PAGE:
Seriously, what crackhead thought this contract up? Oh, Ruben Amaro Jr.. Got it.
Could the Braves be interested? I doubt it. I like Burnett, but I hate this random contract and Burnett does have some no-trade protection that as far as I’ve seen has not been explicitly defined.
There’s another option…how about Cliff Lee? Holy crap, I saw your eyes roll through the internet. Not nice. All I’m saying is that getting Lee is not entirely out of the realm of possibility. Lee is expected to be activated soon off the DL and his trip to the DL makes him even more enticing as it assures that his 2016 club option will not become guaranteed. Now, the Braves will have to work around some major money issues and I will get to that, but Lee definitely would attract the Braves’ interest. He gets his fair share of groundballs, hasn’t carried a FIP higher than 3.313 since 2007, and until this season, he has dependably durable. He walks batters as frequently as Keanu Reeves is involved in a good movie and his K rate remains very good. So why the hell not Lee?
Oh, yeah, money. Lee is due about half of $25M this season and $25M next season to go with a 2016 club option for $27.5M that carries a ridiculous $12.5M buyout. So, if we cut his salary in half this season, Lee is due AT LEAST $50M. The big problem with that option year is that it becomes guaranteed if Lee throws 200 innings in 2015. Clearly, the Braves would need considerable help to make this deal happen, but to what degree is unknown considering they basically added $14M in salary after we were convinced they were done this spring. The Braves committed $112M to this year’s payroll and have about $80M already committed to next year. With the extensions the Braves signed last season, the Braves cut into some of the big club of arbitration-eligible players, but the Braves still have starters Mike Minor, Kris Medlen, and Brandon Beachy eligible for arbitration next year along with relievers Jordan Walden and Jonny Venters, plus role players like Ramiro Pena, Jordan Schafer, and David Carpenter. How do you fit all of those guys and Lee into next year’s roster?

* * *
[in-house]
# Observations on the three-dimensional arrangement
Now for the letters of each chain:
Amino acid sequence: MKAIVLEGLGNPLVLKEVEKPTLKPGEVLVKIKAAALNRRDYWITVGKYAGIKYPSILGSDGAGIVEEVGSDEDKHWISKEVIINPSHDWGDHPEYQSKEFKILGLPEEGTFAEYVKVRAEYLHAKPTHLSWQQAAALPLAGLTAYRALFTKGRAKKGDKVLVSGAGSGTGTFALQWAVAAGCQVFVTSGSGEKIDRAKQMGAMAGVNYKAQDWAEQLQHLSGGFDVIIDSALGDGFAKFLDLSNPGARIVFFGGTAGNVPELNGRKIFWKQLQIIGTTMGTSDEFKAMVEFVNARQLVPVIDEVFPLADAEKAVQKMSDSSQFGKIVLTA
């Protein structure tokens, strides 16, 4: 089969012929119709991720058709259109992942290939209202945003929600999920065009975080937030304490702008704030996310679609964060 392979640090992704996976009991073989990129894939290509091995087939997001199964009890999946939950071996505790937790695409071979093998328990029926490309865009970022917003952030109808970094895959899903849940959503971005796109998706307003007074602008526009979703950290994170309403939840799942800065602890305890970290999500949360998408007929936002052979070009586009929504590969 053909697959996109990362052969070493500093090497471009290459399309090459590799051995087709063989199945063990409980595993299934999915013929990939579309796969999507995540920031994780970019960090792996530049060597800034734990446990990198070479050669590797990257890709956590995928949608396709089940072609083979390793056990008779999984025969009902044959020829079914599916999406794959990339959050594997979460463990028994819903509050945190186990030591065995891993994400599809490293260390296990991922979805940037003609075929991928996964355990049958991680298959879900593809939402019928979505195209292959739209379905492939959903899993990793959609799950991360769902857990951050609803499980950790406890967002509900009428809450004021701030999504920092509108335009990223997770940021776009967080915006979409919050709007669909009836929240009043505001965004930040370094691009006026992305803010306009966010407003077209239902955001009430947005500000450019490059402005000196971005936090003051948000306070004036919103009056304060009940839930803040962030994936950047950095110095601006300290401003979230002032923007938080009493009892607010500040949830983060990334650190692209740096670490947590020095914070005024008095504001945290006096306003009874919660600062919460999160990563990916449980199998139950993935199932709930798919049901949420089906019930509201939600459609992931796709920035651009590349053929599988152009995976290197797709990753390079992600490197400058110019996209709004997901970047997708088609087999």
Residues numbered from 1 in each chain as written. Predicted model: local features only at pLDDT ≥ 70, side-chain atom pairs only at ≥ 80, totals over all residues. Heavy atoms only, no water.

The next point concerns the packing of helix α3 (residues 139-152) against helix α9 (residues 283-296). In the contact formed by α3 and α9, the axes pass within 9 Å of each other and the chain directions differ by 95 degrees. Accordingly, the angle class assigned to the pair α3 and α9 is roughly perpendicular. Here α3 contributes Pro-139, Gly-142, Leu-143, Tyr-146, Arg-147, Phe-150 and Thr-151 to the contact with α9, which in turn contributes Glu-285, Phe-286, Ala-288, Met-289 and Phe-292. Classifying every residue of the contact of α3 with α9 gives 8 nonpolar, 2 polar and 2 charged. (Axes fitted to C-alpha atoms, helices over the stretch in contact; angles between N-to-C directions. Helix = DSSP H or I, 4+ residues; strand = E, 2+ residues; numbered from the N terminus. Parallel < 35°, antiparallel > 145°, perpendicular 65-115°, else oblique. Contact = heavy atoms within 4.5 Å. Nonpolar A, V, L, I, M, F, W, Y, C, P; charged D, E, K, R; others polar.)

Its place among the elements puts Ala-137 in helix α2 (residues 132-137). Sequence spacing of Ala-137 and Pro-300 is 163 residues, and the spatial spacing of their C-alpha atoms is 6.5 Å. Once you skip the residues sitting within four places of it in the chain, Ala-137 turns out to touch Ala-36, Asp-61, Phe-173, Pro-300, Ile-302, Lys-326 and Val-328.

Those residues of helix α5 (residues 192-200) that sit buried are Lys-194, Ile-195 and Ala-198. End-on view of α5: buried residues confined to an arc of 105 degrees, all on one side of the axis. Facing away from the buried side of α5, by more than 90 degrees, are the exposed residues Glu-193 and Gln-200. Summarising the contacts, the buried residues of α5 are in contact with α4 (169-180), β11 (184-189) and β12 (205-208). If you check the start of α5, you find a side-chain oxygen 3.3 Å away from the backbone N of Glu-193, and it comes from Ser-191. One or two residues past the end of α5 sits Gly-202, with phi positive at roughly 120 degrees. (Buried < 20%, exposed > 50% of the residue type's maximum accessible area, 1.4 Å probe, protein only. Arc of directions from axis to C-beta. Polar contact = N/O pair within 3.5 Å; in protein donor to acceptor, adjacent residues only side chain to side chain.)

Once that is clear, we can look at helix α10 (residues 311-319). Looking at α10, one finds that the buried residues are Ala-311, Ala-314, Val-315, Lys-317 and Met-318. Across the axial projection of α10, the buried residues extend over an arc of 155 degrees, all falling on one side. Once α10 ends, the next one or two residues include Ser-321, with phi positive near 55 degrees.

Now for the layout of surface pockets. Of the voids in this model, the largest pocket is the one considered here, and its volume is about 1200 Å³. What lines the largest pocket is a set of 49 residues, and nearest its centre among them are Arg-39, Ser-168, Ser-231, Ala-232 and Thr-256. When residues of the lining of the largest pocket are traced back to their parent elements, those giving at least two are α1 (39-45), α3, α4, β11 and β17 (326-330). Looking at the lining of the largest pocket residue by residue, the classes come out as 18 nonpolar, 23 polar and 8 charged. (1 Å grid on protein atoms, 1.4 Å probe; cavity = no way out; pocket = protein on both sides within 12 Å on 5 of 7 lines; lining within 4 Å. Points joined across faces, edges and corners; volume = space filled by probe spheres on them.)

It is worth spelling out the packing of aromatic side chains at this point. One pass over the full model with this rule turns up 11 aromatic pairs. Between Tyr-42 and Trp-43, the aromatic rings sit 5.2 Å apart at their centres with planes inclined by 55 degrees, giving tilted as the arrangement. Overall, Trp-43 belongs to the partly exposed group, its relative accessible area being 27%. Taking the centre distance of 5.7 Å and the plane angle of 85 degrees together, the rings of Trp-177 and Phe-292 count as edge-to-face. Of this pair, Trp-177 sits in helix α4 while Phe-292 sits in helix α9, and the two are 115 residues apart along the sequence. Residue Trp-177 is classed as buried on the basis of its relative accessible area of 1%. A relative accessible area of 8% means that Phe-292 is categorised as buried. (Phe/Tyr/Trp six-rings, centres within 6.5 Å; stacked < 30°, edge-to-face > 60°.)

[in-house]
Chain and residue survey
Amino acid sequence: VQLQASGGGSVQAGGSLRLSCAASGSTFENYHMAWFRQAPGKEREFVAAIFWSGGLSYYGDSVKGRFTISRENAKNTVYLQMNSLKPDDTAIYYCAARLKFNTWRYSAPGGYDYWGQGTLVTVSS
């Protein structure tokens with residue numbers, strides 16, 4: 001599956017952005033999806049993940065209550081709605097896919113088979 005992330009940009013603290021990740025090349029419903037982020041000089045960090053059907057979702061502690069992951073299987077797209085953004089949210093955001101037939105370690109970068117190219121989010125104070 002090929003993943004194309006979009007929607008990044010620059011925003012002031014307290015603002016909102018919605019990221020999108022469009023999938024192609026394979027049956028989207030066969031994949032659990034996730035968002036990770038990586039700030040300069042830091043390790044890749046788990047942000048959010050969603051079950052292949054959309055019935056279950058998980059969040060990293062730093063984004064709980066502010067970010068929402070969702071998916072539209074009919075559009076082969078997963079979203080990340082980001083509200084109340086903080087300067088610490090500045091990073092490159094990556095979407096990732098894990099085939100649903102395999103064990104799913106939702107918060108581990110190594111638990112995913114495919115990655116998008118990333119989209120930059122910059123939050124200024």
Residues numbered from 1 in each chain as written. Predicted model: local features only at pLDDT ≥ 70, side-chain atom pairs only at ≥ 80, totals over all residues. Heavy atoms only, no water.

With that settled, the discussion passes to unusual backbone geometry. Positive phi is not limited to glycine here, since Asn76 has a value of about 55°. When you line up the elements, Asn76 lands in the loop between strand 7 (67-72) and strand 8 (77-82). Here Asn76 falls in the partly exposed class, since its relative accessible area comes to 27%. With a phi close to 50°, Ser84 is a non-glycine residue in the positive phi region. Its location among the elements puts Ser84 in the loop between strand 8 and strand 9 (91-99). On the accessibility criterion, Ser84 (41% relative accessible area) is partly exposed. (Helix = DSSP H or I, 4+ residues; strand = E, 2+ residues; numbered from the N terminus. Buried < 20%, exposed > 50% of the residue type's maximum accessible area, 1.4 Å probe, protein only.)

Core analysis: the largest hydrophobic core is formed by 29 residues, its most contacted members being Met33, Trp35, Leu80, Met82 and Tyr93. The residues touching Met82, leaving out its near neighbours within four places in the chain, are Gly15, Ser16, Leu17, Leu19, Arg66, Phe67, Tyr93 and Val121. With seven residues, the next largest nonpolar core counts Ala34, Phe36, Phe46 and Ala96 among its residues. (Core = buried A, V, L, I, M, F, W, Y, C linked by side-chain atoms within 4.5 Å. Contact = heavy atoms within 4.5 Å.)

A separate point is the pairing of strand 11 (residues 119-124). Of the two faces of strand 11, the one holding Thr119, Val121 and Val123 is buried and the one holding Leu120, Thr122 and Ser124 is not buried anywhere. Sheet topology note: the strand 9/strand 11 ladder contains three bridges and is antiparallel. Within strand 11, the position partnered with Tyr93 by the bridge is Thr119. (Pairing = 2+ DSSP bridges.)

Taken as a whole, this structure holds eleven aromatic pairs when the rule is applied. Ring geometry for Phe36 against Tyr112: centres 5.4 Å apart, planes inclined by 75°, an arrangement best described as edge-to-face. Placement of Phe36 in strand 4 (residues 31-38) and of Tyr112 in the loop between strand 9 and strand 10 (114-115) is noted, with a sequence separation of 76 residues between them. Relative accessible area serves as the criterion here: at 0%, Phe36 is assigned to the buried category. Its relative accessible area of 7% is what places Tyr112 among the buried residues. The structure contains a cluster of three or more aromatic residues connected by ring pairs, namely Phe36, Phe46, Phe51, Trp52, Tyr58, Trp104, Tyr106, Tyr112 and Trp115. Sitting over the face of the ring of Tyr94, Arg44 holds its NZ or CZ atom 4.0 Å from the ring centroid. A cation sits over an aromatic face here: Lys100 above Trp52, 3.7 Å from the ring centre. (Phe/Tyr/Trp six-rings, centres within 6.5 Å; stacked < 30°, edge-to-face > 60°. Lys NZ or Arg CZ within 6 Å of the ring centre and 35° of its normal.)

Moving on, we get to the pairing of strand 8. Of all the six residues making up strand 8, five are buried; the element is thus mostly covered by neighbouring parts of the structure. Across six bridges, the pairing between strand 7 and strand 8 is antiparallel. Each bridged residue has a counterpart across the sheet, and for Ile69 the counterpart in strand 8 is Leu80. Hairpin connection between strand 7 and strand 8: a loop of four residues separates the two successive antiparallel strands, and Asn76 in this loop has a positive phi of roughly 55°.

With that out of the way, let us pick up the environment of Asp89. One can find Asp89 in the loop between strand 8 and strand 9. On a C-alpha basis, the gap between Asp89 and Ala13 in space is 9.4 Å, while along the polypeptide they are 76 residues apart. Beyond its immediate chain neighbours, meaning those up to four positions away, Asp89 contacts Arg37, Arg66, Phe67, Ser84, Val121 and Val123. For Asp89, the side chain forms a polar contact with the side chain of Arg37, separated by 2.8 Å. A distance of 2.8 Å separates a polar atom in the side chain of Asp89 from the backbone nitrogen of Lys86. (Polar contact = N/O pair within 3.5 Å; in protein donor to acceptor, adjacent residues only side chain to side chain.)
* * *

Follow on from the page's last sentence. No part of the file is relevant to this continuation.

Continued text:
Well, you don’t. Some cuts will have to be made. If the Phillies added $8M to 2015 and $12.5M to Lee’s buyout/option in 2016, the Braves would have about $10-$15M to spend on arbitration, plus auto-renewals if we believe that the payroll remains about the same in 2015. A guy like Medlen or Beachy would have to be shopped around. Signing Minor to a creative extension that lowers his 2015 salary would be useful as well. If the Braves wanted to make it happen, they definitely could.
It wouldn’t be easy. But if you added Lee to the front-of-the-rotation with Julio Teheran, the Braves would take a very good rotation and turn it into an awesome one. In 2015, the Braves would still have Lee, Teheran, and Minor to go with Alex Wood and either Medlen or Beachy with David Hale in reserve.
I’m not saying DO IT!!!!! But…it’s possible.